Apple setting itself up for failure?

Discussion in 'Lounge' started by Booch138, Jul 30, 2009.

  1. Booch138

    Booch138 Well-Known Member

    Apr 28, 2009
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    I saw this disturbing ass article and had to share.

    All I can say is wow....

    Developers have to refund 100% of the app to customers, while Apple retains the 30% the collected innitially? That is f*cked up man. I never liked Apple, but I got an iPod touch anyways (first and only Apple product really). But this makes me hate them. Why are they treating the developers, the people who ultimately made the iDevices the success they are, like complete sh*t?

    Discuss.
     
  2. Kamazar

    Kamazar Well-Known Member

    Dec 13, 2008
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    I'd sue Apple's ass off.
     
  3. Booch138

    Booch138 Well-Known Member

    Apr 28, 2009
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    I just think they created such a freakin' scam and yet, they seem to think it's ok. Everyone will shut up and take it, and everyone will keep buying their products and put up with them.
     
  4. spiffyone

    spiffyone Well-Known Member

    Dec 7, 2008
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    I'm not going to judge based on the sparse evidence at hand in a definitive manner.

    However I will state my opinion that if the allegations are true, then this is simply setting Apple up for litigation down the road. If true, it again points to the idea that Apple is in over their heads with the approval process and should either raise the level of entry to cut down the number of apps submitted, implement unified terms that they themselves (by that I mean all staff involved in the approval process) must follow to the letter with no deviation, and/or divide the current staff in such a way that each group would be focused on a specific type of app if they are not already doing so.

    I truly don't think, statements from others to the contrary be damned, that Apple really understood or was prepared for the inundation of 3rd party applications for the iPhone/touch platform. In particular (and most important to the focus of this site as a whole) the inundation of game software was something that we all have seen that they were woefully unprepared to deal with. Those making statements otherwise, that this was in Apple's plans all along, point to the GPU, but I state, y'know what...Mac computers have GPUs too...they ain't used for games, they're used for other software, much of it developed by Apple. So it may be that they wanted to have a closed system for Apple software, realized that the jailbreak community, and the indie dev community, was growing and would continue to grow, and that they needed to open up the platform to development for the better of the product and the company.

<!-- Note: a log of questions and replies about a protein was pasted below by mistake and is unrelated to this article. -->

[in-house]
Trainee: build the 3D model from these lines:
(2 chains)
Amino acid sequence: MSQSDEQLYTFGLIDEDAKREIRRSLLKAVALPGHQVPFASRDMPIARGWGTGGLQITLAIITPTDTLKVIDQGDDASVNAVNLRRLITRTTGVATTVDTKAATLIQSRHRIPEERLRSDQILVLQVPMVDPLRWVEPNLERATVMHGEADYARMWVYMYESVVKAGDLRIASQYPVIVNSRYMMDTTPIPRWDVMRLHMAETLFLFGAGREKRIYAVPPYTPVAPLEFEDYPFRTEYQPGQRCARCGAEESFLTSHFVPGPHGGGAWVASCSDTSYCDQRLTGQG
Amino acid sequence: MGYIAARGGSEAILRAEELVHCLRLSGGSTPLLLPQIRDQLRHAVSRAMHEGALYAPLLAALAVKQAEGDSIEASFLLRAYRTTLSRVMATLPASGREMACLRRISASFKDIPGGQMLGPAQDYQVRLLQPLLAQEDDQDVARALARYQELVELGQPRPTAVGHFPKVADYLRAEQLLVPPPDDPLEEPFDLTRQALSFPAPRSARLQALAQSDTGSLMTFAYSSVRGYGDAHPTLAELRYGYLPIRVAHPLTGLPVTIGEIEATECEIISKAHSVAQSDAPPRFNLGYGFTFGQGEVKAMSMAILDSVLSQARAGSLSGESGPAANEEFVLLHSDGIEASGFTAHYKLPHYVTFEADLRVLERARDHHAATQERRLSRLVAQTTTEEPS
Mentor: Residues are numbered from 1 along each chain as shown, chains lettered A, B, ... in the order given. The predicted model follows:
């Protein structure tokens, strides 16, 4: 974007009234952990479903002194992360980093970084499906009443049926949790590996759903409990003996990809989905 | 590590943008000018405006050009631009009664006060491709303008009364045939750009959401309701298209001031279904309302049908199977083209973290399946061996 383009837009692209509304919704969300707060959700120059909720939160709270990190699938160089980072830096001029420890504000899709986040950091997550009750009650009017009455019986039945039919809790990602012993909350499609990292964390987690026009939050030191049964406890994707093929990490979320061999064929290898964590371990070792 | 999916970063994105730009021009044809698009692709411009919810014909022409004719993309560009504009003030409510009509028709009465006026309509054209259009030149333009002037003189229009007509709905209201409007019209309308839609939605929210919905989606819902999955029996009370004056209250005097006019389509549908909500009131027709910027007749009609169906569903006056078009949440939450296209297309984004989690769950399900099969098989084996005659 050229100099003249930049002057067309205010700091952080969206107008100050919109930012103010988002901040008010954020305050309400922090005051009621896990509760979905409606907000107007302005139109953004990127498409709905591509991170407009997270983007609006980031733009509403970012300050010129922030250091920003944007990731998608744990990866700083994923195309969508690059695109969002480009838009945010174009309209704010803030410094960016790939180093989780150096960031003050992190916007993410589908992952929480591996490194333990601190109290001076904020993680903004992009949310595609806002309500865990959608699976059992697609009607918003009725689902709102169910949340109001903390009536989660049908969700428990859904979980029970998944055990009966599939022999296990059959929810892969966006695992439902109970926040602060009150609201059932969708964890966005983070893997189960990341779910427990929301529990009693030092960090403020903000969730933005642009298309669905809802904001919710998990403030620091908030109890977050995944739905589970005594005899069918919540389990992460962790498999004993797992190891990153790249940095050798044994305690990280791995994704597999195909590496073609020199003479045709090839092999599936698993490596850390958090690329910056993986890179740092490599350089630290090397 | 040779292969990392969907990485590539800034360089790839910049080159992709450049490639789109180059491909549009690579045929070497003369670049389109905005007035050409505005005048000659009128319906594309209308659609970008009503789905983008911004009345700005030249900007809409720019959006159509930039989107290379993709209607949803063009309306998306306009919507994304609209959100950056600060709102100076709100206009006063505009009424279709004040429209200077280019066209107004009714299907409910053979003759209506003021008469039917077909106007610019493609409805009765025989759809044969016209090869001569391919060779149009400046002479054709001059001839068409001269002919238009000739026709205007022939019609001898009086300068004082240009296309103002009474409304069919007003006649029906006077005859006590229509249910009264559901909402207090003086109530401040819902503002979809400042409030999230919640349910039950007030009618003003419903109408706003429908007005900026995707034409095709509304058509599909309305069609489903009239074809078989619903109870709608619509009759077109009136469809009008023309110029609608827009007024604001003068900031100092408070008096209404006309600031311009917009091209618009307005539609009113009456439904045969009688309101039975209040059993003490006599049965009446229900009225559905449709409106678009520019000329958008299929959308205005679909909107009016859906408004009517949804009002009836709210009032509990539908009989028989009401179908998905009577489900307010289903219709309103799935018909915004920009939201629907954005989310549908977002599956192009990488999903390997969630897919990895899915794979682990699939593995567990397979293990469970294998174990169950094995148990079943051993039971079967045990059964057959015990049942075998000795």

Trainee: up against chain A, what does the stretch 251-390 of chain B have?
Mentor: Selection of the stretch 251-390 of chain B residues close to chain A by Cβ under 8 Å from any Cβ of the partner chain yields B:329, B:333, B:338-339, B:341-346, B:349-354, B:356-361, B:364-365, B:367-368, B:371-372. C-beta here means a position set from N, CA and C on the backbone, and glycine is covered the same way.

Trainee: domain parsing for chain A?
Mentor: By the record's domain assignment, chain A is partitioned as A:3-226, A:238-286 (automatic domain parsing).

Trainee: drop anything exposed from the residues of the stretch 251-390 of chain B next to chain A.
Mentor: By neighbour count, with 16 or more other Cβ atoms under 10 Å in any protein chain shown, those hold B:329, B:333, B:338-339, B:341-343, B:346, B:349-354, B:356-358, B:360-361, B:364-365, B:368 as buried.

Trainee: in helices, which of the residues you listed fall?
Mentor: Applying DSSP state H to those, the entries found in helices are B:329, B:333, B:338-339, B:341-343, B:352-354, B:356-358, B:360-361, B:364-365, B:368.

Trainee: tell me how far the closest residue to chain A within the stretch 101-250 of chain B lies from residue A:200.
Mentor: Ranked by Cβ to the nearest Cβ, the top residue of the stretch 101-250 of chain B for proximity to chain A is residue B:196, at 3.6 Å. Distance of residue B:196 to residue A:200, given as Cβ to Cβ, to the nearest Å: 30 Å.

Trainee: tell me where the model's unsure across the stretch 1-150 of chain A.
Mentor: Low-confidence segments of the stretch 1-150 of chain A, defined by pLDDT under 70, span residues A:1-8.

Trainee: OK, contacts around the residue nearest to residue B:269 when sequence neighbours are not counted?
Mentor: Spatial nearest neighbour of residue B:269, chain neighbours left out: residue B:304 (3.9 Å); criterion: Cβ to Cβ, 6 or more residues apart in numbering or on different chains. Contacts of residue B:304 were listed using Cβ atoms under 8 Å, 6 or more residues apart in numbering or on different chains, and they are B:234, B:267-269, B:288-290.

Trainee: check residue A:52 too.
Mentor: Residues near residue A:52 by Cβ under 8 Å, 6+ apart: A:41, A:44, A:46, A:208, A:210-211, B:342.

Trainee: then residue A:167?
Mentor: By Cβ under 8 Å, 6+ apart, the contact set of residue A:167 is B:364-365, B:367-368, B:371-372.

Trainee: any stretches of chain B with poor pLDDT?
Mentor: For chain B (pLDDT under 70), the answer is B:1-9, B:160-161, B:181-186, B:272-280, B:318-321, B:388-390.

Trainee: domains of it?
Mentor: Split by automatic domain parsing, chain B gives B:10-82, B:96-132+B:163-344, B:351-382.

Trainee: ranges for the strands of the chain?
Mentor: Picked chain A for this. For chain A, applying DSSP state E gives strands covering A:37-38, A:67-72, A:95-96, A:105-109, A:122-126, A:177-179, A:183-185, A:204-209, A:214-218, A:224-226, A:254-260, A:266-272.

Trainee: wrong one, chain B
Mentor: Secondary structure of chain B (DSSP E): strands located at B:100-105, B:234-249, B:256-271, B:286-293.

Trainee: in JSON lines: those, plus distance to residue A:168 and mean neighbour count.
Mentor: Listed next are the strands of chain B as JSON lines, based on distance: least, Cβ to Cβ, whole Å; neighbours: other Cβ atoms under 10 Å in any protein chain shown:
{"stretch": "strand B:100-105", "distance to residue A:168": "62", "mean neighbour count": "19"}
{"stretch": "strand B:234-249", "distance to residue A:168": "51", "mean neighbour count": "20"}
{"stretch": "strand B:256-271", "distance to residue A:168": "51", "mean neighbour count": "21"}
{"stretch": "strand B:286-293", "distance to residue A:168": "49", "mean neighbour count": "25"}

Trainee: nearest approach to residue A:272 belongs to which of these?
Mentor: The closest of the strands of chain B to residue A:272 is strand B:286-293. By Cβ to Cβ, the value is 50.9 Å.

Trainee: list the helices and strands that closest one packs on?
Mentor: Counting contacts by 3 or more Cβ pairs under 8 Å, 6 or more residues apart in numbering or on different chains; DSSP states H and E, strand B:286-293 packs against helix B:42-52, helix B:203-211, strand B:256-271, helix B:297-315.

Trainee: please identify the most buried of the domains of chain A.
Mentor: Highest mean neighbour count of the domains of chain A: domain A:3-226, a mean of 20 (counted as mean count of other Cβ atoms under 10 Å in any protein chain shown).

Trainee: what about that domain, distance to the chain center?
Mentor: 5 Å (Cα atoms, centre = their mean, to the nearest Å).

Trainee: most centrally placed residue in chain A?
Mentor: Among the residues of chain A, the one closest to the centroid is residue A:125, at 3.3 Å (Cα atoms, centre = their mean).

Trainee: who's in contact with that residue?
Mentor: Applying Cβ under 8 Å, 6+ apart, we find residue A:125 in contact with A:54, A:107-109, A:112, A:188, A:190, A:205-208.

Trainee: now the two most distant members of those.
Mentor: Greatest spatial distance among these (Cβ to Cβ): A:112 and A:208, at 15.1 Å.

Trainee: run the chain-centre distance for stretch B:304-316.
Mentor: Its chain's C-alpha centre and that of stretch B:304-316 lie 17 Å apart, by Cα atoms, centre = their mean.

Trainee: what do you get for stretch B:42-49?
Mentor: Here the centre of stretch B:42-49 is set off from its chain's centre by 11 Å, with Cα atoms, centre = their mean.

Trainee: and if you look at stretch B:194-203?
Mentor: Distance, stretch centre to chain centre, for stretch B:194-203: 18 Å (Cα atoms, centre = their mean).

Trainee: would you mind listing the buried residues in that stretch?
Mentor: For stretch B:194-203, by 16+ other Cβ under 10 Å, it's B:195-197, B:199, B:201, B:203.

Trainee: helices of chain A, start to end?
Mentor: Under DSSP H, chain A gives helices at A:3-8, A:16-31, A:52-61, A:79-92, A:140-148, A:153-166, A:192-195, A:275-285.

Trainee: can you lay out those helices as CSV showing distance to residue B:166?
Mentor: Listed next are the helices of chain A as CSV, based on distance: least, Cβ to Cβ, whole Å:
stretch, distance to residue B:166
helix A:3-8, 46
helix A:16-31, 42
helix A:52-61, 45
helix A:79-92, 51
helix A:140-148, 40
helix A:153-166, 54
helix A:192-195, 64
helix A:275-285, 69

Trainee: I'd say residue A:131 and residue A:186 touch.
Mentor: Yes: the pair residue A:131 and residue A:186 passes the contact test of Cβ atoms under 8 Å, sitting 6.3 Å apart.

But they seem to have been pretty underprepared to deal with the flood of product.

    My opinion?

    The low barrier of entry is a double edged sword. And I'm not referring to the usual comparison when using that term in regards to this market (which would be crap apps vs. innovative indie apps). Here's what the double edged sword refers to: It meant more developments from outside parties, which was good as it spurred interest in Apple hardware...but the developments were so numerous that Apple just was not prepared.

    And it's that unpreparedness that leads to these sorts of issues.
     
  5. superbad

    superbad Well-Known Member

    Nov 6, 2008
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    CEO. Reviewer. Beta Tester.
    You need to stalk me?
    worst case is that when people get something for free and request refunds, devs pay them out
     
  6. Booch138

    Booch138 Well-Known Member

    Apr 28, 2009
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    I see your point, and I hope to god that's the case. It was wrong of me to judge so quickly based on one article alone, but it's not like this issue hasn't been going on for a while now (App Approval Process). I just think that if Apple would just hire some more people in the process, gave them all specific guidelines (and are able to site detailed reasons why the app was rejected) they would be so much better off. I just have a bit of hostility towards their Business Ethics. They need to communicate with their developers more.

    But I doubt they will be hiring more people. They arn't even paying all of Apples factories in China minimum wage >.>

    Sorry, I don't quite get what you mean :confused:
     

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